Bio

Alexander Ueberfeldt is the Managing Senior Research Advisor of the Heterogeneity Laboratory, an inter-departmental research group focusing on the interactions between heterogeneity, the economy and various policies. An applied macroeconomist, Alexander’s research recently focused on the interaction of monetary policy and household heterogeneity as well as financial stability. In addition, he has contributed to the understanding of price-level targeting and long-run trends in macro-labour economics. He holds a PhD in Economics from the University of Minnesota.


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Staff analytical notes

The uneven economic consequences of COVID 19: A structural analysis

Staff Analytical Note 2021-17 Martin Kuncl, Austin McWhirter, Alexander Ueberfeldt
Using a structural model, we study the economic consequences of the COVID-19 shock. The uneven consequences, such as higher unemployment among young households, amplify the negative implications for the macroeconomy, household vulnerabilities and consumption inequality. Government support programs have stimulated the economy and lowered inequality and medium-term vulnerabilities.

How to Manage Macroeconomic and Financial Stability Risks: A New Framework

Staff Analytical Note 2018-11 Alexander Ueberfeldt, Thibaut Duprey
Financial system vulnerabilities increase the downside risk to future GDP growth. Macroprudential tightening significantly reduces financial stability risks associated with vulnerabilities. Monetary policy faces a trade-off between financial stability and macroeconomic risks.

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Staff working papers

Monetary Policy and the Persistent Aggregate Effects of Wealth Redistribution

Staff Working Paper 2021-38 Martin Kuncl, Alexander Ueberfeldt
Monetary policy in the presence of nominal debt and labour supply heterogeneity creates a policy trade-off: a short-term economic stimulus leads to persistently reduced output over the medium term. Price-level targeting weakens this trade-off and is better able to stabilize inflation and output than inflation targeting.

Shaping the future: Policy shocks and the GDP growth distribution

Can central bank and government policies impact the risks around the outlook for GDP growth? We find that fiscal stimulus makes strong GDP growth more likely—even more so when monetary policy is constrained—rather than weak GDP growth less likely. Thus, fiscal stimulus should accelerate the recovery phase of the COVID-19 pandemic.

Managing GDP Tail Risk

Staff Working Paper 2020-3 Thibaut Duprey, Alexander Ueberfeldt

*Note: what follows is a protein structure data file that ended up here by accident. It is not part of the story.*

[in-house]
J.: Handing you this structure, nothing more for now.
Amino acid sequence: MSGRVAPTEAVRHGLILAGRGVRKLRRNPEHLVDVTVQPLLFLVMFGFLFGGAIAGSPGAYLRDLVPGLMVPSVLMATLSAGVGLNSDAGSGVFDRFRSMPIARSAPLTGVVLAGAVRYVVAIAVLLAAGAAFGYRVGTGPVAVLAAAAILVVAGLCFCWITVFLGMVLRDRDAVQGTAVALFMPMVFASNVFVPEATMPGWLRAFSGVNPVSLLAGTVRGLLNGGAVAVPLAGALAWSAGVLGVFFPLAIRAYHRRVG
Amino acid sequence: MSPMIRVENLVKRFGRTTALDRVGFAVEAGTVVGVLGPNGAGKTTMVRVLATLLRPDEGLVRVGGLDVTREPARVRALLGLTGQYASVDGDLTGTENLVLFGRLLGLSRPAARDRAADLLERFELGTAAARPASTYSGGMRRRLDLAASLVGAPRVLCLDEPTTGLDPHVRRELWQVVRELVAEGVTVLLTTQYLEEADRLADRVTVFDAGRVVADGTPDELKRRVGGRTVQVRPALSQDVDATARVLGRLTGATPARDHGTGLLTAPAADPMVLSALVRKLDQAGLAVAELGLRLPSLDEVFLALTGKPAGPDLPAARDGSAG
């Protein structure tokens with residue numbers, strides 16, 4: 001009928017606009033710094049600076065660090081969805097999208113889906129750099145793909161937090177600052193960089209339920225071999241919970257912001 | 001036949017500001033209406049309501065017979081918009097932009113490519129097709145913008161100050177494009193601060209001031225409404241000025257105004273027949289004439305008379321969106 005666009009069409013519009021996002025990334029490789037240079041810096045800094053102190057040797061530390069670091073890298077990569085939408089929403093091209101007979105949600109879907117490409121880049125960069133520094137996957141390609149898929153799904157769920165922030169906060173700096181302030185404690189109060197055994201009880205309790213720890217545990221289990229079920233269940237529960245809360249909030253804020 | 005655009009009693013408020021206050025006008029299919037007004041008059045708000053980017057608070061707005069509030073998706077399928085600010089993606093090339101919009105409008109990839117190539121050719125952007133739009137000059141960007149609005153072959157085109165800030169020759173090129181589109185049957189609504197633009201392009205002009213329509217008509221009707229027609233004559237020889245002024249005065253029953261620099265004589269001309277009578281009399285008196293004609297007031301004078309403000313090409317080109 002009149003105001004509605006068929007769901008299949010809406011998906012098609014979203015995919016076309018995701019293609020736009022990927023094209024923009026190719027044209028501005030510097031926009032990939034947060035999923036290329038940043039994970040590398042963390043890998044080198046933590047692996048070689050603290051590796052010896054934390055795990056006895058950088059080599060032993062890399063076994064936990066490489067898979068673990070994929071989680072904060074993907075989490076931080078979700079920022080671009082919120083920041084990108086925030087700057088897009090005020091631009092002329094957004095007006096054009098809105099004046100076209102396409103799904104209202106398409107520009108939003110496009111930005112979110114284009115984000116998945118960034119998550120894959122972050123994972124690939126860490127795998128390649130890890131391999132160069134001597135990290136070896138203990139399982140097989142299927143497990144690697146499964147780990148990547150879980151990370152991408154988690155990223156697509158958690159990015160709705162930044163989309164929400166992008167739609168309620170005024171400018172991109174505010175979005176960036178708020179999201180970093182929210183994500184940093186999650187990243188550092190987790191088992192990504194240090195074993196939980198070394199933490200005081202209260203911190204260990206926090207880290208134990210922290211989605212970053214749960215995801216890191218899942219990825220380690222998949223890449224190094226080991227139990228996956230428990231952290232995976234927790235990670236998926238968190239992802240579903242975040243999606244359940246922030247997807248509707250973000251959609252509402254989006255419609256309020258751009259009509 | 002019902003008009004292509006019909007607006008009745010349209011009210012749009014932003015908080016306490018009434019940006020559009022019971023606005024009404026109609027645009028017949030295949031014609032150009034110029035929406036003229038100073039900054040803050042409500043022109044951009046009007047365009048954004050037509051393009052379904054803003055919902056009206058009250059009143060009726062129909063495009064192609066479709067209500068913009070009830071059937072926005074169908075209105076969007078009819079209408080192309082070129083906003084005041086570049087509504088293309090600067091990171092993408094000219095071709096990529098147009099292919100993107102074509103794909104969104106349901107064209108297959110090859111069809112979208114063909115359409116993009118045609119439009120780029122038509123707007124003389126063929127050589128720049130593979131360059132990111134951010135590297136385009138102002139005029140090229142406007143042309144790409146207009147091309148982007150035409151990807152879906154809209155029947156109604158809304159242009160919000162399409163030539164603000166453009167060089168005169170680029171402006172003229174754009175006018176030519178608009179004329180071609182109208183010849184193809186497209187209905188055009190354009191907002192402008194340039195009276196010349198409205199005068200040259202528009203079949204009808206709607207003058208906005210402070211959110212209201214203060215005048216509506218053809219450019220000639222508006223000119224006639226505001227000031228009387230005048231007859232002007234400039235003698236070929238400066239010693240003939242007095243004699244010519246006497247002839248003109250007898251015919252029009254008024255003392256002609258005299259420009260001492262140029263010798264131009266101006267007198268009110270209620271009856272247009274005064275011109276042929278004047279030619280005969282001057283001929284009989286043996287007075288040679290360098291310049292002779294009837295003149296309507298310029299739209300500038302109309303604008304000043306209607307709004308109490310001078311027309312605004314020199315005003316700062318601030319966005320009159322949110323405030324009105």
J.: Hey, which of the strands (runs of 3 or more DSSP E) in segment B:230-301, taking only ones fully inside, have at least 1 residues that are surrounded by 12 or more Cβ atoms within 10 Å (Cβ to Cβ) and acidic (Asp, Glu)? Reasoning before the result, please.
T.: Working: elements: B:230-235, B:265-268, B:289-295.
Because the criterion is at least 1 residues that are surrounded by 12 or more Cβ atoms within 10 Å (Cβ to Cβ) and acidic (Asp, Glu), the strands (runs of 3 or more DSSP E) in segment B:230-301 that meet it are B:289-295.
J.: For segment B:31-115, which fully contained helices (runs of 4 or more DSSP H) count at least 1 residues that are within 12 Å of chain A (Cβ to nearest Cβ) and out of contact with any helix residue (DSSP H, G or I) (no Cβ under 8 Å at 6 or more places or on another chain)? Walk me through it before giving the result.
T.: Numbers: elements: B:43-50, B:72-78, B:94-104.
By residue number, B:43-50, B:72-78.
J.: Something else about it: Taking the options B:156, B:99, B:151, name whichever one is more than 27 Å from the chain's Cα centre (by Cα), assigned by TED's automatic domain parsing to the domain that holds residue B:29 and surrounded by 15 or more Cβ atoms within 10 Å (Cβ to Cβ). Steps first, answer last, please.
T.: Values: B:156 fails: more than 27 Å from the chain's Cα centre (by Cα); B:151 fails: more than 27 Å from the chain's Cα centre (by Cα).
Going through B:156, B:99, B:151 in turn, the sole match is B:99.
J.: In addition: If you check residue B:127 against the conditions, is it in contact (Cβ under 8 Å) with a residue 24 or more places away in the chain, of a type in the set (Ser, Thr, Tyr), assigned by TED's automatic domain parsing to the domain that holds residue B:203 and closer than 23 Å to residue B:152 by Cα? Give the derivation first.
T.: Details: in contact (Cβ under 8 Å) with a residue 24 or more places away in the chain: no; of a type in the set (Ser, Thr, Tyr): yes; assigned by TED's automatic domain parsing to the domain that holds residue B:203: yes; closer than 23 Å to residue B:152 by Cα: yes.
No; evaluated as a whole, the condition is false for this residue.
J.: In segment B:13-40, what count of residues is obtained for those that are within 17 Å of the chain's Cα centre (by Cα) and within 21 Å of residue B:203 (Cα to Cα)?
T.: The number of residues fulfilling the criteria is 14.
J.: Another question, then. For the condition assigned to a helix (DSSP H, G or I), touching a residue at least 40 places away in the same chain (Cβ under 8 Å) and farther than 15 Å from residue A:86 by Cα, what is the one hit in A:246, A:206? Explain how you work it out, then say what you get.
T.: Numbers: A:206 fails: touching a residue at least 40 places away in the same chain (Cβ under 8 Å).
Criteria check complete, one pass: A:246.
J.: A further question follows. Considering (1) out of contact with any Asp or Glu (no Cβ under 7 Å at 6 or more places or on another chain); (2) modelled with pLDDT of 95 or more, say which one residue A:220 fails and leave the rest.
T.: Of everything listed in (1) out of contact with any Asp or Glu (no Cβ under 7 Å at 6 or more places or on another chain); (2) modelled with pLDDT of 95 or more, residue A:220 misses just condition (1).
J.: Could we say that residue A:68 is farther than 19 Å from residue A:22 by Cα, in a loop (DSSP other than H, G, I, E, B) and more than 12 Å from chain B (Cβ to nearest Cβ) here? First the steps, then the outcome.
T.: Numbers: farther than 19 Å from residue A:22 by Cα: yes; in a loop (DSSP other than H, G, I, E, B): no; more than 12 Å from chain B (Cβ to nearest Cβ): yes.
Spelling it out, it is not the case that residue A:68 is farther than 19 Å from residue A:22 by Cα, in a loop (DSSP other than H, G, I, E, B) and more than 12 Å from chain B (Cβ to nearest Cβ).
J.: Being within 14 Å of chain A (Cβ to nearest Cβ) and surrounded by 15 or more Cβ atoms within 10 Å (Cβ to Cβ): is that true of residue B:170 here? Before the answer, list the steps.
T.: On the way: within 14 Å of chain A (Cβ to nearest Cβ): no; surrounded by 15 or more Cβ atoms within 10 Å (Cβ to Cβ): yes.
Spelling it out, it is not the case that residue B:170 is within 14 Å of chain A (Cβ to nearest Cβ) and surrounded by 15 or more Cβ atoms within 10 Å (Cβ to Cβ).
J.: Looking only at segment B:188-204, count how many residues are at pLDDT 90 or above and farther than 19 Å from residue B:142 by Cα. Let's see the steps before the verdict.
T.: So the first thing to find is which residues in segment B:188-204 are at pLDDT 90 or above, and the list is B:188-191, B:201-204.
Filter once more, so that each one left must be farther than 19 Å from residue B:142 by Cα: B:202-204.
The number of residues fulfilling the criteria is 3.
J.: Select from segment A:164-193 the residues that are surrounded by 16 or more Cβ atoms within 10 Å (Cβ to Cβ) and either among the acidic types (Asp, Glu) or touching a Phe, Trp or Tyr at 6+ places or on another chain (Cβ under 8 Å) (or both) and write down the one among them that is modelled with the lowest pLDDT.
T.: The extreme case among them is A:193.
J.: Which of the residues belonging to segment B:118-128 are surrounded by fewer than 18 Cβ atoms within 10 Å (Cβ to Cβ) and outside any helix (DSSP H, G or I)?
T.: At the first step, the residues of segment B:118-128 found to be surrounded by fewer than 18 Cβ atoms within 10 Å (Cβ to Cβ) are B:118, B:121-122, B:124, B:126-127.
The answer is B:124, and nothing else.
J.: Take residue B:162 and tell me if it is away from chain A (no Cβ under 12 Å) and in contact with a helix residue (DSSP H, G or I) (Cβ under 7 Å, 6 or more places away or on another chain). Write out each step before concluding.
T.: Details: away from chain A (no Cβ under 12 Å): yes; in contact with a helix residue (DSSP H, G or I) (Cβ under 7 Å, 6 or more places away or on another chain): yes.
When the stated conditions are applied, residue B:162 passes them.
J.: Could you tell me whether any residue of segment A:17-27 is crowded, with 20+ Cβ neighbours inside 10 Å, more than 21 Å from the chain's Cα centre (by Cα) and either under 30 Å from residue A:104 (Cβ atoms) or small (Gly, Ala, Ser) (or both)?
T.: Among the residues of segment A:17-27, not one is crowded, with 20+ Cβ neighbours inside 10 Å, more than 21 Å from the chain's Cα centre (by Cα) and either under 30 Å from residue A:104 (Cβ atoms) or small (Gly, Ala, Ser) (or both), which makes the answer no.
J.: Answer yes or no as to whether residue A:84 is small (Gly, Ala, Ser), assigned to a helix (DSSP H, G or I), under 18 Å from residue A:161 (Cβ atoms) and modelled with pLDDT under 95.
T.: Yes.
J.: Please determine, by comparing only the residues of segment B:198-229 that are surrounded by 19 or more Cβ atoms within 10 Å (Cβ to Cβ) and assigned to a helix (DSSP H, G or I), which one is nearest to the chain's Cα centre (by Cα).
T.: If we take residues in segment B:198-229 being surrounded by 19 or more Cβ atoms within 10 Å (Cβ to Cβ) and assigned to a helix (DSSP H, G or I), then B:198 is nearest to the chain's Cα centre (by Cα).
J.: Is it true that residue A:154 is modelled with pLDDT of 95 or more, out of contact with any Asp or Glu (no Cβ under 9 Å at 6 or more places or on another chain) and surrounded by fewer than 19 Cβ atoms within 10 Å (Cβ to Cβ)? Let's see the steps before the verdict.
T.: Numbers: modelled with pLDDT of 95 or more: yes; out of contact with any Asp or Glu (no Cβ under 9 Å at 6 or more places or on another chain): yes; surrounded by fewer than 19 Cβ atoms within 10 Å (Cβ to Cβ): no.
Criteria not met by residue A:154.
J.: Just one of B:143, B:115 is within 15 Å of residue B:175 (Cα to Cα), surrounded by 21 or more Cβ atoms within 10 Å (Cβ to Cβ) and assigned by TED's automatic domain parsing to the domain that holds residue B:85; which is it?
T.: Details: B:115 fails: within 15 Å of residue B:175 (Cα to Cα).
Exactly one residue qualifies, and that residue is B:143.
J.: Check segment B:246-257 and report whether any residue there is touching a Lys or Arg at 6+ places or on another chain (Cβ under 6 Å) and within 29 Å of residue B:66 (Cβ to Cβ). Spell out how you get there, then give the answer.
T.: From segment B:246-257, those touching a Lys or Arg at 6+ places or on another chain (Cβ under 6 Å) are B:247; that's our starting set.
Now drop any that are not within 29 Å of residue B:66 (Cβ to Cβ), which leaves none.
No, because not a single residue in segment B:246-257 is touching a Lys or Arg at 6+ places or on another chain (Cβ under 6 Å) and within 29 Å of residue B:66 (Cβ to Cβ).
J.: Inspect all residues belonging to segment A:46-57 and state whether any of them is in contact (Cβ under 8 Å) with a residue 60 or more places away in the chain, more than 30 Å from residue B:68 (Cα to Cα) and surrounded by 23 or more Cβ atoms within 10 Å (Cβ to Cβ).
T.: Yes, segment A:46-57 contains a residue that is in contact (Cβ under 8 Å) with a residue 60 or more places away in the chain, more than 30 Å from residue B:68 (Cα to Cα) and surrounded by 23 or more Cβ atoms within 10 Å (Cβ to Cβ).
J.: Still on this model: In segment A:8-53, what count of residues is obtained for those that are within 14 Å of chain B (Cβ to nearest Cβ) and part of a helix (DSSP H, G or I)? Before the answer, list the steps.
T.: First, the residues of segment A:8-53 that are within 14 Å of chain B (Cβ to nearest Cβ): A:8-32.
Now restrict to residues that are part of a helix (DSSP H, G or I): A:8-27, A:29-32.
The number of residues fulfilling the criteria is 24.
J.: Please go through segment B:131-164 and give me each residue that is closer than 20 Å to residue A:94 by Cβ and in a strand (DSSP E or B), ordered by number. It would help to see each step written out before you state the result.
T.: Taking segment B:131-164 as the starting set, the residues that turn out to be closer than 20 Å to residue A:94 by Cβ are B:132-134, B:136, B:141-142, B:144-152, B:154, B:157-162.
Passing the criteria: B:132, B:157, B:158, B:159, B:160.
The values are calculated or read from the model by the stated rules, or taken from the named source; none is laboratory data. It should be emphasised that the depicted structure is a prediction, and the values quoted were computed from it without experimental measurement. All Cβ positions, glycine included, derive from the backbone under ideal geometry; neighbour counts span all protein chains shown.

Models for macroeconomic forecasts do not usually take into account the risk of a crisis—that is, a sudden large decline in gross domestic product (GDP). However, policy-makers worry about such GDP tail risk because of its large social and economic costs.

Monetary Policy Tradeoffs Between Financial Stability and Price Stability

Staff Working Paper 2016-49 Malik Shukayev, Alexander Ueberfeldt
We analyze the impact of interest rate policy on financial stability in an environment where banks can experience runs on their short-term liabilities, forcing them to sell assets at fire-sale prices.

Managing Risk Taking with Interest Rate Policy and Macroprudential Regulations

Staff Working Paper 2016-47 Simona Cociuba, Malik Shukayev, Alexander Ueberfeldt
We develop a model in which a financial intermediary’s investment in risky assets—risk taking—is excessive due to limited liability and deposit insurance and characterize the policy tools that implement efficient risk taking.

Should Monetary Policy Lean Against Housing Market Booms?

Staff Working Paper 2016-19 Sami Alpanda, Alexander Ueberfeldt
Should monetary policy lean against housing market booms? We approach this question using a small-scale, regime-switching New Keynesian model, where housing market crashes arrive with a logit probability that depends on the level of household debt.

Trends in U.S. Hours and the Labor Wedge

Staff Working Paper 2010-28 Simona Cociuba, Alexander Ueberfeldt
From 1980 until 2007, U.S. average hours worked increased by thirteen percent, due to a large increase in female hours. At the same time, the U.S. labor wedge, measured as the discrepancy between a representative household's marginal rate of substitution between consumption and leisure and the marginal product of labor, declined substantially.
Content Type(s): Staff research, Staff working papers Topic(s): Economic models, Labour markets, Potential output JEL Code(s): E, E2, E24, H, H2, H20, H3, H31, J, J2, J22

Adopting Price-Level Targeting under Imperfect Credibility in ToTEM

Using the Bank of Canada's main projection and policy-analysis model, ToTEM, this paper measures the welfare gains of switching from inflation targeting to price-level targeting under imperfect credibility. Following the policy change, private agents assign a probability to the event that the policy-maker will revert to inflation-targeting next period.

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Bank publications

Financial System Review articles

November 28, 2017

Analysis of Household Vulnerabilities Using Loan-Level Mortgage Data

This report examines detailed data on home mortgages to provide a better understanding of the vulnerabilities associated with the mortgage market. The proportion of low-ratio mortgages is growing, particularly in regions with strong house price growth. Moreover, these borrowers exhibit less flexibility to adverse shocks, since they have high debt levels relative to income and have taken mortgages with long amortization periods.

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Journal publications

Refereed journals